By ending waivers granted to China, India, Turkey, Japan, and South Korea on buying sanctioned Iranian oil, President Trump has put those countries in a position in which they must choose between their own economic stability, and U.S. foreign policy goals. In addition to this risky move, Iran has vowed retaliation, which could include an attempt to close the Strait of Hormuz, the strategic choke point at the end of the Persian Gulf through which 20% of the world’s oil flows. Ritter explains the riskiness of this strategy at The American Conservative, writing (abridged):
The effort on the part of the Trump administration to shut down Iran’s ability to export oil is predicated on the false notion that the rest of the world will fall in lockstep with U.S. policy. But has President Donald Trump really thought through what would happen to the economic health of the world if Iran retaliates, shutting the Strait of Hormuz, through which much of the world’s oil flows daily?
The Trump administration’s push to reduce Iran’s oil exports to zero has entered a new, critical phase, with the United States refusing to extend the waivers it granted six months ago to eight nations, including China, India, Turkey, Japan, and South Korea, to purchase Iranian oil. Moreover, the United States has refused to allow for a “wind-down” period where impacted nations would be able to gradually wean themselves away from Iranian sources of energy. This means that, effective May 1, any nation purchasing oil from Iran will be subjected to punitive U.S. sanctions.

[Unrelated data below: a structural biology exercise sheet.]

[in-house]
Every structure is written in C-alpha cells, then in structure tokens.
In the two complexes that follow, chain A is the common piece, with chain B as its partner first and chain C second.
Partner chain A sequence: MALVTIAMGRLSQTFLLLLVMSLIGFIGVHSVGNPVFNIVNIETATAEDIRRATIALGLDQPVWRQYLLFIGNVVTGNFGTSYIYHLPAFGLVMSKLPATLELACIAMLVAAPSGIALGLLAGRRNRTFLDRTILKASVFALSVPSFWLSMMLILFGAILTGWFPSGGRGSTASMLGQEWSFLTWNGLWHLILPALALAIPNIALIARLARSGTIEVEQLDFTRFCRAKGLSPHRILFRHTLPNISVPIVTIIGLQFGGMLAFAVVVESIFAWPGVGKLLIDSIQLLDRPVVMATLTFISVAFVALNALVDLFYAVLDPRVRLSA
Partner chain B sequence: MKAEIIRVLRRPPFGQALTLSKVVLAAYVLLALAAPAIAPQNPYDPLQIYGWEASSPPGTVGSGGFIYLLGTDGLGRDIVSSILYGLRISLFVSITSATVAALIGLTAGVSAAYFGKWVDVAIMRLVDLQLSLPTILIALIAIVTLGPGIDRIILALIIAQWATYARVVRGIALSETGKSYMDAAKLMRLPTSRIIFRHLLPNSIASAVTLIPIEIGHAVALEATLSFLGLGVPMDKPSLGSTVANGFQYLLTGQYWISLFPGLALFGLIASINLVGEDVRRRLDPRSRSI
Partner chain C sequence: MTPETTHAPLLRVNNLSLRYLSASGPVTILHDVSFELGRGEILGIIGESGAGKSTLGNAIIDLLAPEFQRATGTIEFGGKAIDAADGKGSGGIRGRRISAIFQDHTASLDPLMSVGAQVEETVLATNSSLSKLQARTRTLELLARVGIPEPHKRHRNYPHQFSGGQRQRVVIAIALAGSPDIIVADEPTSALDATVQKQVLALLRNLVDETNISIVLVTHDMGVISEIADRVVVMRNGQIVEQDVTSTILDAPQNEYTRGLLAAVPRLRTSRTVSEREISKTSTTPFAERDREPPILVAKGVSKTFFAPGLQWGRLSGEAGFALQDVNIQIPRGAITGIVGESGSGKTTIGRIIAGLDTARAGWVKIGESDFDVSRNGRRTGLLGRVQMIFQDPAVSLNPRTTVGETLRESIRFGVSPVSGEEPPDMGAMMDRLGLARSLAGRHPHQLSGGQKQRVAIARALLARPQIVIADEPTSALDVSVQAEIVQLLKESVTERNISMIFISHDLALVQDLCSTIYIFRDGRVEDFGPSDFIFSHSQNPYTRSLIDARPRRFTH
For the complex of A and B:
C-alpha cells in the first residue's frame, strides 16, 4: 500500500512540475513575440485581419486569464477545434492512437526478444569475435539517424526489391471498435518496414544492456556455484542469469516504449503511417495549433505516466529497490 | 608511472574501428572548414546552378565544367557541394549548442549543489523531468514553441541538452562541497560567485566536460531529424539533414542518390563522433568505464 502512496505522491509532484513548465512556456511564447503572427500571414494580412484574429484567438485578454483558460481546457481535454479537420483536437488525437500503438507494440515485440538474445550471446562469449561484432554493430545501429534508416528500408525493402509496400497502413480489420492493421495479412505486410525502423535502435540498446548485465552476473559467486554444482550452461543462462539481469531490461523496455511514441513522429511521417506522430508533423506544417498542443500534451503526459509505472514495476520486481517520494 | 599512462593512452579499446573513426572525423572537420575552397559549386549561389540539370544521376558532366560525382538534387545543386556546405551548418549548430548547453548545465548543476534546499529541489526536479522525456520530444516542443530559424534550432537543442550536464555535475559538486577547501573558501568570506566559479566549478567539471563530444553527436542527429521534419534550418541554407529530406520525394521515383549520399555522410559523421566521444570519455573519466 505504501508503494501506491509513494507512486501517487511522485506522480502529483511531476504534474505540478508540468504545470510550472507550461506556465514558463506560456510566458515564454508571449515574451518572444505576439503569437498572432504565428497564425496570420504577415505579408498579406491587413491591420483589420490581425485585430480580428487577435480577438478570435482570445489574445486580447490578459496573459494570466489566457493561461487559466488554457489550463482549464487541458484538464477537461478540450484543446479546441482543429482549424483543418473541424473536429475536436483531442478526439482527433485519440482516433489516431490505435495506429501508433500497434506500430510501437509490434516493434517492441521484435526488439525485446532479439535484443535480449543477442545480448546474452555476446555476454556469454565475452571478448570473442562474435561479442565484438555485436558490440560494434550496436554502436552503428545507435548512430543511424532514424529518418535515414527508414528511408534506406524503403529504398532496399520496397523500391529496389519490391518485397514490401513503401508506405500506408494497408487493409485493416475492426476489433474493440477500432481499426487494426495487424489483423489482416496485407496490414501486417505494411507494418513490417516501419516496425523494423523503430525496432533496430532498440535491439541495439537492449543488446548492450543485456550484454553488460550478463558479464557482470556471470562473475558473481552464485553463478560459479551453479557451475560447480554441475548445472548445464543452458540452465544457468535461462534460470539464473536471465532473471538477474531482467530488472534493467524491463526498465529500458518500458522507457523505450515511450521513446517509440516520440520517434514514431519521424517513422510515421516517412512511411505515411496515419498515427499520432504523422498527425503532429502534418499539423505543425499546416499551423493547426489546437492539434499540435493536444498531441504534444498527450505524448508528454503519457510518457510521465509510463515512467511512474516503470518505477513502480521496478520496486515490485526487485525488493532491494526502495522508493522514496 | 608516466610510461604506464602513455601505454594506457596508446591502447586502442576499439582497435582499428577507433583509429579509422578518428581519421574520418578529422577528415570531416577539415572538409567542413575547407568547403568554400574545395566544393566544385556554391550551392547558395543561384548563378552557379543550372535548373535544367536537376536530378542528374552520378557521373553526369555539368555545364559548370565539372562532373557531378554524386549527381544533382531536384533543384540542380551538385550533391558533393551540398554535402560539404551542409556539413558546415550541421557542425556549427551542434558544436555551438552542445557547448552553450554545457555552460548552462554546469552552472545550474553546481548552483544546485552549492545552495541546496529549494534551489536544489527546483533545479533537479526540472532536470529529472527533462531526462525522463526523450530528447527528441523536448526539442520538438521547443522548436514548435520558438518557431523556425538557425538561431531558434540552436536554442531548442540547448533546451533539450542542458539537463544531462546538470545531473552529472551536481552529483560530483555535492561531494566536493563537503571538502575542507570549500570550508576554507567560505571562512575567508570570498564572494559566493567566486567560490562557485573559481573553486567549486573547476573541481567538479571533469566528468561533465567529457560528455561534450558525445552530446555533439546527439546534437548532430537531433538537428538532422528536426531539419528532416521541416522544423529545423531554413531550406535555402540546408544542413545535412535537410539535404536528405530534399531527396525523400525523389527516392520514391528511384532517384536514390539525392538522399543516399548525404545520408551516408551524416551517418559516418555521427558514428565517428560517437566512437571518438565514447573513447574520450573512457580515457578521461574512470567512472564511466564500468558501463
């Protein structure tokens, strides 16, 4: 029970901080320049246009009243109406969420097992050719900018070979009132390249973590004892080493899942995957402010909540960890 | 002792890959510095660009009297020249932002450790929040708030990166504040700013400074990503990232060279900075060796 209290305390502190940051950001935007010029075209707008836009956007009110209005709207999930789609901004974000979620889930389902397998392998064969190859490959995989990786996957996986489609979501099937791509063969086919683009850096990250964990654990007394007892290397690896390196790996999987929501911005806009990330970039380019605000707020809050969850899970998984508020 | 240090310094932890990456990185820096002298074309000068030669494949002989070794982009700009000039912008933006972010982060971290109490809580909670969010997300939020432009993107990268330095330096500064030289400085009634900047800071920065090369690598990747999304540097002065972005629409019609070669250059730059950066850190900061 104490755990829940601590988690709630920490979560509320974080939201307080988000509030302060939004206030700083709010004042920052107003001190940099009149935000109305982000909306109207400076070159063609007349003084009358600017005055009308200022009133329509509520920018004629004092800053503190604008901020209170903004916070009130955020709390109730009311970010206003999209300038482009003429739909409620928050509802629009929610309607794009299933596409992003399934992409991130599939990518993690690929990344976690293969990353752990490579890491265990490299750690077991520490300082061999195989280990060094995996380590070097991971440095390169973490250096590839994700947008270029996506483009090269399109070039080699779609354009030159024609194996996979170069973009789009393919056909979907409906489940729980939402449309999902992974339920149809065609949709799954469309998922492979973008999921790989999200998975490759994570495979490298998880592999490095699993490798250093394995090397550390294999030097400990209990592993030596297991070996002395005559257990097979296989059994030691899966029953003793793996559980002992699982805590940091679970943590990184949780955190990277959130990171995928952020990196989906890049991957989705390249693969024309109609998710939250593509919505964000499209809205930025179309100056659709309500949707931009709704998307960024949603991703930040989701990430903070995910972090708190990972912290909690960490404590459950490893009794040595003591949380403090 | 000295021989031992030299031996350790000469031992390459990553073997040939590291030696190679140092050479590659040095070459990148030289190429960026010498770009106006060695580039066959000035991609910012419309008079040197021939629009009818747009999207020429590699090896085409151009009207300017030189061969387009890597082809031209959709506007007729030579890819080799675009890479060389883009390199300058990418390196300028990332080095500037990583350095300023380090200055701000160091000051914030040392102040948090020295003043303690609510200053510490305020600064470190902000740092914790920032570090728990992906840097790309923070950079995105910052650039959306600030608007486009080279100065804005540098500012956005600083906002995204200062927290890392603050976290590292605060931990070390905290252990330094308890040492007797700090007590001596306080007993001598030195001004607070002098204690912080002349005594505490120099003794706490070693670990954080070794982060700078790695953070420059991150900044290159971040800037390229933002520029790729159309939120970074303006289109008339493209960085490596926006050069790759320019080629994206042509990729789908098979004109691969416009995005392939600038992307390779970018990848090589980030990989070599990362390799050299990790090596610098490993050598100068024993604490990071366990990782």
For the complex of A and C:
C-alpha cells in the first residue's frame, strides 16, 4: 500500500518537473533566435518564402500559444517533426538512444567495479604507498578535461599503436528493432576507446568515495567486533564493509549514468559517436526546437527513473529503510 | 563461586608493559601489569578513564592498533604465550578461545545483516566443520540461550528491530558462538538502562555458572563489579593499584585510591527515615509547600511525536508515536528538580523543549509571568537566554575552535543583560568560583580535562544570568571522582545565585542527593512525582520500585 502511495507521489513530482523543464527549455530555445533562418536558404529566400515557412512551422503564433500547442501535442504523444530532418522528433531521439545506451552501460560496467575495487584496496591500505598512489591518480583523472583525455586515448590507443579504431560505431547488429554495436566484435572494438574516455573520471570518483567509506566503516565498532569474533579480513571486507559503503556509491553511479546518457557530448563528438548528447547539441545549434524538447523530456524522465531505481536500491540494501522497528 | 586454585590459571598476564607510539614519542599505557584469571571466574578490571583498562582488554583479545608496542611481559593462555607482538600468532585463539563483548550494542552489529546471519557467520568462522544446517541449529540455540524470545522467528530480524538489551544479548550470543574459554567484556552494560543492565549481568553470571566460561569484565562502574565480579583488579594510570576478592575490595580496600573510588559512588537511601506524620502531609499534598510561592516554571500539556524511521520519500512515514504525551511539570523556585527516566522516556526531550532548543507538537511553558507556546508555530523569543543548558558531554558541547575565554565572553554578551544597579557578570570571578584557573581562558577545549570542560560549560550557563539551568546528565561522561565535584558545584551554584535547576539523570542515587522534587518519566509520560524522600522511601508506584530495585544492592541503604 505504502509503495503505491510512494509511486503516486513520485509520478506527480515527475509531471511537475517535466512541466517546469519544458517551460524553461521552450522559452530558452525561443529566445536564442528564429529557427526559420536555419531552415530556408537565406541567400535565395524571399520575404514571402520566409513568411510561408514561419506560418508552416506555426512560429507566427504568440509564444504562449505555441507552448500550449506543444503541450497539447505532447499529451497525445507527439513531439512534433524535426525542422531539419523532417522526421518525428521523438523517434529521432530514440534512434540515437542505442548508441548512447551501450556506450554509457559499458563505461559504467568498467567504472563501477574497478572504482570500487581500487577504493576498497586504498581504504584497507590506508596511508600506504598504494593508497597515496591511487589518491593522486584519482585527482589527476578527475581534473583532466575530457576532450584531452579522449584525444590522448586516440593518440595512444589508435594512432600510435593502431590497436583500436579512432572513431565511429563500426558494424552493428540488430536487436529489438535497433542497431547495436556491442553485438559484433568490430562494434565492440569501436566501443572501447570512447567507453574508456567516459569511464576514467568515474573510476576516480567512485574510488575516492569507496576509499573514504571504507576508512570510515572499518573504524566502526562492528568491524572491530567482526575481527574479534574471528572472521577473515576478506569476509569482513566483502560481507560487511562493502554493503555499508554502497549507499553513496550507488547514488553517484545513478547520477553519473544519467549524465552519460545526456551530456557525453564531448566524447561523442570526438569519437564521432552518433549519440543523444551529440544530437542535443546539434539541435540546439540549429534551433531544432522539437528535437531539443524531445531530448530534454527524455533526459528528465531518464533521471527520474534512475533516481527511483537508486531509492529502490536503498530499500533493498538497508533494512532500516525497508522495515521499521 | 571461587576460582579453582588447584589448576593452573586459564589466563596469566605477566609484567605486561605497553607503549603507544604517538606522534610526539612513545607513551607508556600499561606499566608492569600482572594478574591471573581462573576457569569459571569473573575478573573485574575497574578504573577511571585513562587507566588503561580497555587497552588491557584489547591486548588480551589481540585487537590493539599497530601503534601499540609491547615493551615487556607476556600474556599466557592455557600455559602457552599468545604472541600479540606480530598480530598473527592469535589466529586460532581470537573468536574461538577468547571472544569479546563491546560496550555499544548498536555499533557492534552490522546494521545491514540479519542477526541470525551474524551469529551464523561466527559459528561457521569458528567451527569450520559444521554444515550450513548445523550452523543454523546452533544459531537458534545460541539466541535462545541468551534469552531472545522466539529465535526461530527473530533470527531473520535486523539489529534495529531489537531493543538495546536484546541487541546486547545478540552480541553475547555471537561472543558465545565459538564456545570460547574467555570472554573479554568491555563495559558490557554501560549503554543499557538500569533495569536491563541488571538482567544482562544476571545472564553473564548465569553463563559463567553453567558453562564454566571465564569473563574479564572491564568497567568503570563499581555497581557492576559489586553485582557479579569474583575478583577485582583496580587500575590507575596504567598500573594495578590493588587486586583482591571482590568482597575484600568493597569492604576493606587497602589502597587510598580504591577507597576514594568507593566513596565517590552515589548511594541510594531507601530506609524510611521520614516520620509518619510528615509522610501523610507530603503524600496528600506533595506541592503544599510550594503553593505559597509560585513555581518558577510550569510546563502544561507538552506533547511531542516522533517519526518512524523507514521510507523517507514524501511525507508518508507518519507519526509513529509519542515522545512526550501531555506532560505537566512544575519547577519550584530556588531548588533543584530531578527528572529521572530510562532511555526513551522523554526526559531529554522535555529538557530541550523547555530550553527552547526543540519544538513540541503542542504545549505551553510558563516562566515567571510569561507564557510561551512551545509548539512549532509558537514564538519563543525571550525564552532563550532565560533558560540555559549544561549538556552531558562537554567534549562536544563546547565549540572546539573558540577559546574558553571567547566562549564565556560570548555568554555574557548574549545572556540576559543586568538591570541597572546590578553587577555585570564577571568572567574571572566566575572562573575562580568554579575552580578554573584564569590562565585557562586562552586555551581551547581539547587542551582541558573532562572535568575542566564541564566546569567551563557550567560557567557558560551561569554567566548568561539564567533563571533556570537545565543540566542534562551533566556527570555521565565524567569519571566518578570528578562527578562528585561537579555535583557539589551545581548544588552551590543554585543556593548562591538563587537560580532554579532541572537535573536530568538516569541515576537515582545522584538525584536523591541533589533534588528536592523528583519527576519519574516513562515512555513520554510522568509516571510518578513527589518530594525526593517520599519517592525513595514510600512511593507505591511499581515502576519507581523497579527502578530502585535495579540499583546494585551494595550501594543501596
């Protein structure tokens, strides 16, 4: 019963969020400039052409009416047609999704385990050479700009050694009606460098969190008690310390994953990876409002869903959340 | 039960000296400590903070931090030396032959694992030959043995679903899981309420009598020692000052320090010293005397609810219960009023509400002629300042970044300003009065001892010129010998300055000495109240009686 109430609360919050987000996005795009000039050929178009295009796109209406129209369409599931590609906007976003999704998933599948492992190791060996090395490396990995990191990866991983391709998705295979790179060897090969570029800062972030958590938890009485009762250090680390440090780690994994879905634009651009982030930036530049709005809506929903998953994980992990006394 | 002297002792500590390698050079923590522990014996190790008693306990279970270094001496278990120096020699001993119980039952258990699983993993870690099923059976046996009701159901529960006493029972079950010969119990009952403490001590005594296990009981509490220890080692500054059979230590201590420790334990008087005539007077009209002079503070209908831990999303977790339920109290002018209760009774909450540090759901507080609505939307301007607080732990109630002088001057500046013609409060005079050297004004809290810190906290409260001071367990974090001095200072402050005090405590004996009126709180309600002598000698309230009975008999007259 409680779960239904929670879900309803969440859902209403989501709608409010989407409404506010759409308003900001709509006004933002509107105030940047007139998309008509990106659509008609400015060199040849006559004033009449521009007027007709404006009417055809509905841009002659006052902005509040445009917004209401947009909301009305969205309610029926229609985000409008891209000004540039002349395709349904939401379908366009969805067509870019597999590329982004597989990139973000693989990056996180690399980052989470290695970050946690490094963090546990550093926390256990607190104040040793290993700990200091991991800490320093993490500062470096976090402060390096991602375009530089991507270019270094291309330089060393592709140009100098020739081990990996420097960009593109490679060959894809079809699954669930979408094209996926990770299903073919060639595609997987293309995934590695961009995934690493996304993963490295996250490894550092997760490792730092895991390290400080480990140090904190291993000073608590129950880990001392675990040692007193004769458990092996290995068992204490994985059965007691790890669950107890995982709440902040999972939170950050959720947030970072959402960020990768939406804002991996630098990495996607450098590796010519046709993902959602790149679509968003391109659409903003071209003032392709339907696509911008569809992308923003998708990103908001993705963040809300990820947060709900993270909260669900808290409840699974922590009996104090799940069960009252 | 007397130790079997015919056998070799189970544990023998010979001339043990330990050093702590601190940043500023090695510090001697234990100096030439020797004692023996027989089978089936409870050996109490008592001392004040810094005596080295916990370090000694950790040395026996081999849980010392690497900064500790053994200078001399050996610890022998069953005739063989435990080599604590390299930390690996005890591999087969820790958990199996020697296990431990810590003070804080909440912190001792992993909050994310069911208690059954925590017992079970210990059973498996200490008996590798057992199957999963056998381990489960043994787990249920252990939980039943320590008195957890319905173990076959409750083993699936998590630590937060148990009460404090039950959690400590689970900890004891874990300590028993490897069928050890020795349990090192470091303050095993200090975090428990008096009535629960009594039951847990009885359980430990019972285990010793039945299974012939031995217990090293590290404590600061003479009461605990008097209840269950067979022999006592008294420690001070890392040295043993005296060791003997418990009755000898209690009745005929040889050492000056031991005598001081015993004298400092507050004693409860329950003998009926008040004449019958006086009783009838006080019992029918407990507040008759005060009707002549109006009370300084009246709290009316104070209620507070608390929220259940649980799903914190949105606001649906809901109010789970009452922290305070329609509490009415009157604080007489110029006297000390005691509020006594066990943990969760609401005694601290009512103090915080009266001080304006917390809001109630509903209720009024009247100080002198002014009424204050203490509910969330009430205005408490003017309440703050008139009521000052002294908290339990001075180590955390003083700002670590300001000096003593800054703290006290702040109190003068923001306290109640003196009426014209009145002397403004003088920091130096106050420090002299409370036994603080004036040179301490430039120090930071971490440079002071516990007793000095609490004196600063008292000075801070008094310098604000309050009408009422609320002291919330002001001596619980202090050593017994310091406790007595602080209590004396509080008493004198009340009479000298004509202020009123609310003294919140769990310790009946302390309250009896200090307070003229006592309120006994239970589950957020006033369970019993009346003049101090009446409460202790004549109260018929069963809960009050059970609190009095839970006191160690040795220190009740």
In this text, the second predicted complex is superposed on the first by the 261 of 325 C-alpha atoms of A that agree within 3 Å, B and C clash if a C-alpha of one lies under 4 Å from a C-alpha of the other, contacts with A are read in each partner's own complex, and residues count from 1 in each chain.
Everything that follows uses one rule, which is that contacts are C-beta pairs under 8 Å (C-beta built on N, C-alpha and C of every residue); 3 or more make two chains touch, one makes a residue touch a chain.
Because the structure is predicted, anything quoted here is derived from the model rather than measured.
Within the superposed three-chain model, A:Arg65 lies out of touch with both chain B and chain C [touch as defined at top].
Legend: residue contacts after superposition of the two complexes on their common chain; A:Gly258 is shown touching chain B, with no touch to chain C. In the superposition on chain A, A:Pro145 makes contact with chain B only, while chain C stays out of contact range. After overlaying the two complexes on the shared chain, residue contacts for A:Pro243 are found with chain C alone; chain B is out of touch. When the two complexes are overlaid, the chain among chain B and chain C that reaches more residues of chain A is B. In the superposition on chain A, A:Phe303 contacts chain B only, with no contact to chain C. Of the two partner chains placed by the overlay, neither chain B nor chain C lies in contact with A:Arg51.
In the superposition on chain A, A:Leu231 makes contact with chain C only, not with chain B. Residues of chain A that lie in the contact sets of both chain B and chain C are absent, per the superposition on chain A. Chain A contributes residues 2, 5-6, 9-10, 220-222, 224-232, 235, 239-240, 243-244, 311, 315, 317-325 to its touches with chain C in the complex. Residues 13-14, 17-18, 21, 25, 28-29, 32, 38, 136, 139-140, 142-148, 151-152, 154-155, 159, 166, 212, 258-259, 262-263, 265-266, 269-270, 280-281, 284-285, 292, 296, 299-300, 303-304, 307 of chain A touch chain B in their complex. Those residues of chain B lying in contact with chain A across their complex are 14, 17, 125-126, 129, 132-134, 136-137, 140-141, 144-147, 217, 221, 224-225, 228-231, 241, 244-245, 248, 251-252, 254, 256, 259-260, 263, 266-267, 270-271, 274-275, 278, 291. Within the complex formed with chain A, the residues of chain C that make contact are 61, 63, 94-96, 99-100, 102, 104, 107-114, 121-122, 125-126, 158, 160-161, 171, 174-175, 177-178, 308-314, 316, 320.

The Strait of Hormuz is one of the most critical sea lanes in the world today, transiting some 18.5 million barrels of crude and refined products per day, representing roughly 20 percent of all oil produced globally. There is universal consensus among energy analysts that any closure of the Strait of Hormuz would result in “catastrophic” consequences for the global economy.
The military debate over Iran’s ability to close the Strait of Hormuz, and the U.S. ability to respond to such a threat, is moot—no insurance company will cover any oil tanker seeking to transit contested waters. The economic impact of any closure will be immediate, catastrophic and sustained. Even if the United States prevailed in a military conflict over the Strait of Hormuz (and it is not certain it would do so), any victory would be pyrrhic in nature, with the United States sacrificing its national economic health, and that of the rest of the world, on an altar of hubris that fails to advance the national interest in any meaningful fashion.
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